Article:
The goal of the next surgery was clean margins – that means they have to ensure they take out ALL the cancerous tissue, plus a little tiny bit more so there isn’t one little cancer cell left. Kind of like the way really fussy people cut the fat off of their steaks. Also, they took out the very first, sentinel, lymph node, plus the next 3 in line.

After more waiting, I learned they’d found the teensiest little bit of cancer in the sentinel node, but the next 3 were okey-dokey as far as anyone could tell. This meant that I’d need chemo and radiation but would probably live happily ever after. But, yes, I’ll lose my hair. He said, oddly, that’s often the hardest part. Oddly, he’s right. I know it’s just hair and losing it is so much better than losing everything, but it’s just a whole new dimension in nakedness.

I love hair. I’ve always loved hair (on heads). When I went to rock concerts, I liked to sit in the bleachers between bands watching all the heads of hair walk across the floor below. And I know we women tend to complain about our hair. I’d always wished for a little more wave, but I had recognized by my 30’s that I’d been follicly blessed always. I mean, my hair wasn’t too thin, or too curly. It wasn’t perfect, but it was a close as one could reasonably wish for.

The stages of grief are: Disbelief/Denial, Anger, Bargaining, Depression, Acceptance.

Bargaining is not possible unless you have someone to bargain with. I’m agnostic. Sometimes life is so incredibly wonderful and nature so beautiful that I can’t imagine it’s the result of random coincidences. Other times, I look at the evidence for evolution, contemplate the possibilities of zillions of varied attempts over billions of years, and I look at the senseless cruelty and say this can’t be anything but accidental. I’m pretty sure there’s no hell. There’s no reason for it. To the extent it exists, it must be here on earth, so to have another after death would be redundant. Anyway, I just talk myself into circles, but while I was waiting to learn whether I’d live or die, I figured I could use a friend in high places. Even if He was imaginary, it wouldn’t do any harm, and I was sure it would probably do me some good personally and He might just be real and have a really elaborate plan that he’ll let us know about someday.

In my talks with God, I didn’t ask why me. Someone has to get cancer, I reckon, so why NOT me. Even if I had to go at 40, the life I’d had was much better than expected, so I couldn’t complain. I did offer, however, that I thought the world was better off with me than without me. And in October of 2004, I told Him one more thing, “ I realize I don’t get to call the shots on this one, but if you take me and leave George W. Bush in the White House, I’m gonna be PISSED!”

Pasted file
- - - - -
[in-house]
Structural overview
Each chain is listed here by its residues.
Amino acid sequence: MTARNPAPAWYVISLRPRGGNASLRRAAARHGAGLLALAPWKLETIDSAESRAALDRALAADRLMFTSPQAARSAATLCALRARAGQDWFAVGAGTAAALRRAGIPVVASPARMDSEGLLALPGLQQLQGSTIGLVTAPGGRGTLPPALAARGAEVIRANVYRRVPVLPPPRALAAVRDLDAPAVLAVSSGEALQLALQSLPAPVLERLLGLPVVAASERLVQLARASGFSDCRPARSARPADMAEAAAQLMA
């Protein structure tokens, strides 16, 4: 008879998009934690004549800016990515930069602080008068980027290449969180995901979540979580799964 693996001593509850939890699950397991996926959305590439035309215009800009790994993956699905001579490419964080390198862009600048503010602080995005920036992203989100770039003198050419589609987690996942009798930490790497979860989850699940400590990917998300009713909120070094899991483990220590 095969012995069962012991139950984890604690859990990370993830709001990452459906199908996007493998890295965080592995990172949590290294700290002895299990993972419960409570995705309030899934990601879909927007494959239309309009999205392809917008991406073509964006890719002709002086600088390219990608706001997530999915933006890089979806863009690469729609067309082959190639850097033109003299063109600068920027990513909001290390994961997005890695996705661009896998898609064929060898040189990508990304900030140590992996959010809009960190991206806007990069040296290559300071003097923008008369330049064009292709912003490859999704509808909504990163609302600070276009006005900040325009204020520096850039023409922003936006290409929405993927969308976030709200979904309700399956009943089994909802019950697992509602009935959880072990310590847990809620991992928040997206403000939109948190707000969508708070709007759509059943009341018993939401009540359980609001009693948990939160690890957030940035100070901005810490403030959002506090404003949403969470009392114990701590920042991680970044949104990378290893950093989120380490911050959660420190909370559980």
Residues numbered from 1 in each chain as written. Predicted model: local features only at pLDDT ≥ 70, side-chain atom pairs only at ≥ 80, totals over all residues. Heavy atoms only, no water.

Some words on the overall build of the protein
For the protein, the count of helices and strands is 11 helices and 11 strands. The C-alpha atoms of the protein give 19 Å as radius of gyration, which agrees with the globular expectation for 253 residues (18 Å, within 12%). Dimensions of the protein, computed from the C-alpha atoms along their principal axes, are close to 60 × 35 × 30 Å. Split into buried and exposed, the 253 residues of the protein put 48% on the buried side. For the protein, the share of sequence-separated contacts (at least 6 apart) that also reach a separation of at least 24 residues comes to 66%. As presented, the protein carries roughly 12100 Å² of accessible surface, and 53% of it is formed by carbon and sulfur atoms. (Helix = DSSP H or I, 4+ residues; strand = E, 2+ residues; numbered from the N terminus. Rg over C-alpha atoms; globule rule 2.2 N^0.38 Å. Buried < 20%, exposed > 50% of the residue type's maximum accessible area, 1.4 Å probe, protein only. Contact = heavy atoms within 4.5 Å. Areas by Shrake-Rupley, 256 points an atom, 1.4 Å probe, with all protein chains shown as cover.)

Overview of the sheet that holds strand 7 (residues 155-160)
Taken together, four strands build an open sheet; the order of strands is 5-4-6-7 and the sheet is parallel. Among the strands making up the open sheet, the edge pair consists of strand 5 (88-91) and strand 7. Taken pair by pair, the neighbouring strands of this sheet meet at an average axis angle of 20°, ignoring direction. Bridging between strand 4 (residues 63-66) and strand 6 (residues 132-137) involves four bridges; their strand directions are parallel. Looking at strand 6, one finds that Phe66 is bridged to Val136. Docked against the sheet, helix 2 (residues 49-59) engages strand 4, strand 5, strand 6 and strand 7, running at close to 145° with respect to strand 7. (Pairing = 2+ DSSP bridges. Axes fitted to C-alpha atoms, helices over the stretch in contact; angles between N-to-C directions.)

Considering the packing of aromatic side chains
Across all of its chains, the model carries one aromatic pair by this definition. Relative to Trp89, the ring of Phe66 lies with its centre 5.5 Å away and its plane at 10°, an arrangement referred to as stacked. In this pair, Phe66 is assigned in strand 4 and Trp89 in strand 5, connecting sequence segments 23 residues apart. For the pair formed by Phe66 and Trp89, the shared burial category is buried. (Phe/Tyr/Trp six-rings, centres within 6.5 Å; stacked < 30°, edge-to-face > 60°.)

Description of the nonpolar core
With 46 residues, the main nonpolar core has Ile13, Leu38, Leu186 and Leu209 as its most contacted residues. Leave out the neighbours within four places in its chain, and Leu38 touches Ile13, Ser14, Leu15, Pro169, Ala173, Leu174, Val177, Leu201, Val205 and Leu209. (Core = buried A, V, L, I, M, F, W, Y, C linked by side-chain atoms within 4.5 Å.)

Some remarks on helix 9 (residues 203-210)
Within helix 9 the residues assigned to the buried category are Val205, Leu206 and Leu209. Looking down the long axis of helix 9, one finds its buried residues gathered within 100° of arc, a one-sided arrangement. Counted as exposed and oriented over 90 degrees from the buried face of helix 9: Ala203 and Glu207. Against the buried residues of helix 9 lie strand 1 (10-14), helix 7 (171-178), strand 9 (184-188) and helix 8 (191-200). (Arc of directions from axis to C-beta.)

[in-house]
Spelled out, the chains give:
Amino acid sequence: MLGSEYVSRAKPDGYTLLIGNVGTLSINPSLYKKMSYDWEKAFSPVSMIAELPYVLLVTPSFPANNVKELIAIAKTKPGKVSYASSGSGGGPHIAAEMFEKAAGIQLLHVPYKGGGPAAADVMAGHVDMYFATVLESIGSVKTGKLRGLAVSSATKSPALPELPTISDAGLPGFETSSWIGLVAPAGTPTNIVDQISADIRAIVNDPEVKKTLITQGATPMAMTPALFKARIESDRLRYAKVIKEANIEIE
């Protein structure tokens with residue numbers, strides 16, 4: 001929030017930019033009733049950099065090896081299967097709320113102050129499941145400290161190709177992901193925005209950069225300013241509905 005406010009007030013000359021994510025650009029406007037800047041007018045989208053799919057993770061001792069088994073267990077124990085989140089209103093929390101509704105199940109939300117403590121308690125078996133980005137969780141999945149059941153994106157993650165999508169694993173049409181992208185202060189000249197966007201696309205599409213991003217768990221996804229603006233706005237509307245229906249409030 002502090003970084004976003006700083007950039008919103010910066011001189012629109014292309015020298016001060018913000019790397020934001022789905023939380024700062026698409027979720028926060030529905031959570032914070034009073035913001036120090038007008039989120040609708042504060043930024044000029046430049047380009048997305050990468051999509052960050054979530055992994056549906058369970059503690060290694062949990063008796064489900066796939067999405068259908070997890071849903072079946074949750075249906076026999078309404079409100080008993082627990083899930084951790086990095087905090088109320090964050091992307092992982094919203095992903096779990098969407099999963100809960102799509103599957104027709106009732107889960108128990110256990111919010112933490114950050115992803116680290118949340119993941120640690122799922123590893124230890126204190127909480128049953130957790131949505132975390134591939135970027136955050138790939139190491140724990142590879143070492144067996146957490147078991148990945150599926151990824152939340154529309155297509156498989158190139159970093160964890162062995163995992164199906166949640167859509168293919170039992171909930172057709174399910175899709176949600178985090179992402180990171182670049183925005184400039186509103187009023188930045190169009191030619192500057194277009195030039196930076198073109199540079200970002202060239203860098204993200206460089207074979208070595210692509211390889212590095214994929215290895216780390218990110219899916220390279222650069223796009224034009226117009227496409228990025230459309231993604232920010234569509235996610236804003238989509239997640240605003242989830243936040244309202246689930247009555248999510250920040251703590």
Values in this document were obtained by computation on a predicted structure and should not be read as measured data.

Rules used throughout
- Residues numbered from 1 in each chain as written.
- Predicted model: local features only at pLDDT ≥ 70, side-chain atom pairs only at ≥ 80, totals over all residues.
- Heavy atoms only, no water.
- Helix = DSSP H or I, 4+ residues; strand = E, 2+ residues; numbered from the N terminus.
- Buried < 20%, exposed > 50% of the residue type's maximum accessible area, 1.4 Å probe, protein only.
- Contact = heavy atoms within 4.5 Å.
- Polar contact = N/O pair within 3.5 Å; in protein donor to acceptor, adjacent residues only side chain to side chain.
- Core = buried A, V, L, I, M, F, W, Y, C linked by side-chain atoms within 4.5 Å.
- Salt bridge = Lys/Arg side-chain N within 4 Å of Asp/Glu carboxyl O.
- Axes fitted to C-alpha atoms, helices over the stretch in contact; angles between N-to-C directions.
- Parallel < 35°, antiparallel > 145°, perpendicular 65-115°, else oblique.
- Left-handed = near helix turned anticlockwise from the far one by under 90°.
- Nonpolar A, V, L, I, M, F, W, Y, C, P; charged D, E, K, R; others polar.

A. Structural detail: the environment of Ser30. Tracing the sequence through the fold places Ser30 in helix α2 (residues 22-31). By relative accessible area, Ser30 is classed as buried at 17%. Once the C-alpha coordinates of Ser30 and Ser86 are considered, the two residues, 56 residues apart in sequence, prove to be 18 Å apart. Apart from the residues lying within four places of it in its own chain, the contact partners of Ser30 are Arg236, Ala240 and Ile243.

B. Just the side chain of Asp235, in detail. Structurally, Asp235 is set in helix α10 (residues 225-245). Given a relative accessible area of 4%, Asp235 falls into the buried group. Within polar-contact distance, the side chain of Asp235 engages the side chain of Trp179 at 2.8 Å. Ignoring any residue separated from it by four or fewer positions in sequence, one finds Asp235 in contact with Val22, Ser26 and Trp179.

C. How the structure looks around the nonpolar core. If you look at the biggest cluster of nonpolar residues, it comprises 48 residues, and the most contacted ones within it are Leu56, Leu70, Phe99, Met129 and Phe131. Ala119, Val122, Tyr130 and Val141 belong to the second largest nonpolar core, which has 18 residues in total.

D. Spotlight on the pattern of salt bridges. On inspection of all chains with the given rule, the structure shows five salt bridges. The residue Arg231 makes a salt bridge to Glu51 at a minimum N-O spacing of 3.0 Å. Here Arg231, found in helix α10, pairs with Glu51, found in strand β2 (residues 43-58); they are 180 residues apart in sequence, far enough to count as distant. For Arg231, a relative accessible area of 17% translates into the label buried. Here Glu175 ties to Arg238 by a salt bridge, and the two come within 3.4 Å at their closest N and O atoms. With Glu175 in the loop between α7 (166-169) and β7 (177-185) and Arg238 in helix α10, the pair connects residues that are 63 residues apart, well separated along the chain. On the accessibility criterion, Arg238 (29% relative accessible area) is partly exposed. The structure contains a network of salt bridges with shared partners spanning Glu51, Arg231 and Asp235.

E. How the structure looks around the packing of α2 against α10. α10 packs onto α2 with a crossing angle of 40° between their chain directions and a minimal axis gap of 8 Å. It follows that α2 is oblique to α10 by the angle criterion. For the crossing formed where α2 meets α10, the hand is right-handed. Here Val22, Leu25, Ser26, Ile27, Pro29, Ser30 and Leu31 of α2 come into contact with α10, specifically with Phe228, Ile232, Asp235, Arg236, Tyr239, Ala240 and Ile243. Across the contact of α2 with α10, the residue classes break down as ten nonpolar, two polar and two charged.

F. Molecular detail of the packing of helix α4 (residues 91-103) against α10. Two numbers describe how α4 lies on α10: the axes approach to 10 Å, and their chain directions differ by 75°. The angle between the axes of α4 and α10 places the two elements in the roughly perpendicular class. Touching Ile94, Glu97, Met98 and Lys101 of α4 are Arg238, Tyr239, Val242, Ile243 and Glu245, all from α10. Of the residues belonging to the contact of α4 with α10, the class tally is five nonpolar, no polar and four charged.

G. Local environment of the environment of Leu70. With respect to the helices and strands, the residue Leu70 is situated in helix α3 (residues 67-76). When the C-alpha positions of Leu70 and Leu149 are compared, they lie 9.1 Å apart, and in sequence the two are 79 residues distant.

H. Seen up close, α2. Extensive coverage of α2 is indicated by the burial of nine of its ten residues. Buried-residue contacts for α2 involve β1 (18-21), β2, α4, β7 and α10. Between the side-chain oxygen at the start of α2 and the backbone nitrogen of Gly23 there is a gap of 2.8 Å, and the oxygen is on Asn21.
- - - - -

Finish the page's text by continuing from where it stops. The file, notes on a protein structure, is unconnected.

So I’m still here and W’s still there. If you believe in God, but not W, I guess you can blame me. Still, I won’t apologize.

Next: I feel sorry for anyone who pities me.

Wednesday, June 07, 2006

A lump, a lump, a lump; it's in my breast...

After 1 ½ years, I’m ready to talk about my experiences with breast cancer, what I learned about myself, what I really care about (i.e. who I am) and what happens when the chips are down and instincts become more primal. I’ll do it as a diary.

CAUTION and DISCLAIMER: I’m no cancer expert, so please get your cancer facts from a RELIABLE source on this, not me.

When the little lump in my breast started to hurt, I decided it wasn’t going away on it’s own, so I’d better get it checked out. I seriously doubted it was cancer. Cancer doesn’t run in my family. My mother had said about our family medical history, “We don’t get cancer, we get heart disease.” So deep down, I was a little worried, but mostly sure I’d hear it was nothing to worry about.

“I wouldn’t worry too much. Cancer doesn’t usually hurt,” the Nurse Practitioner told me in May. She gave me an 8-1/2 x 11 paper ordering a mammogram. After a fun-filled summer with my boys, Austin & Dallas, then 8 and 6 and my husband, Eric too, when he wasn’t work, work, working… Sidebar: No, we’re not from Texas, those were the only 2 names Eric and I could agree on. They’re actually named after the rock band, AC/DC. Their names are Austin Cesar and Dallas Cole. Anyway, just after my 40th birthday (on 9/11 incidentally) when the slightly painful lump began to “spider”, I had my first mammogram, but only after the machine’s operator promised me that my breasts would returned to their original shapes after she was done flattening each of them in new and uncomfortable ways. She was true to her word.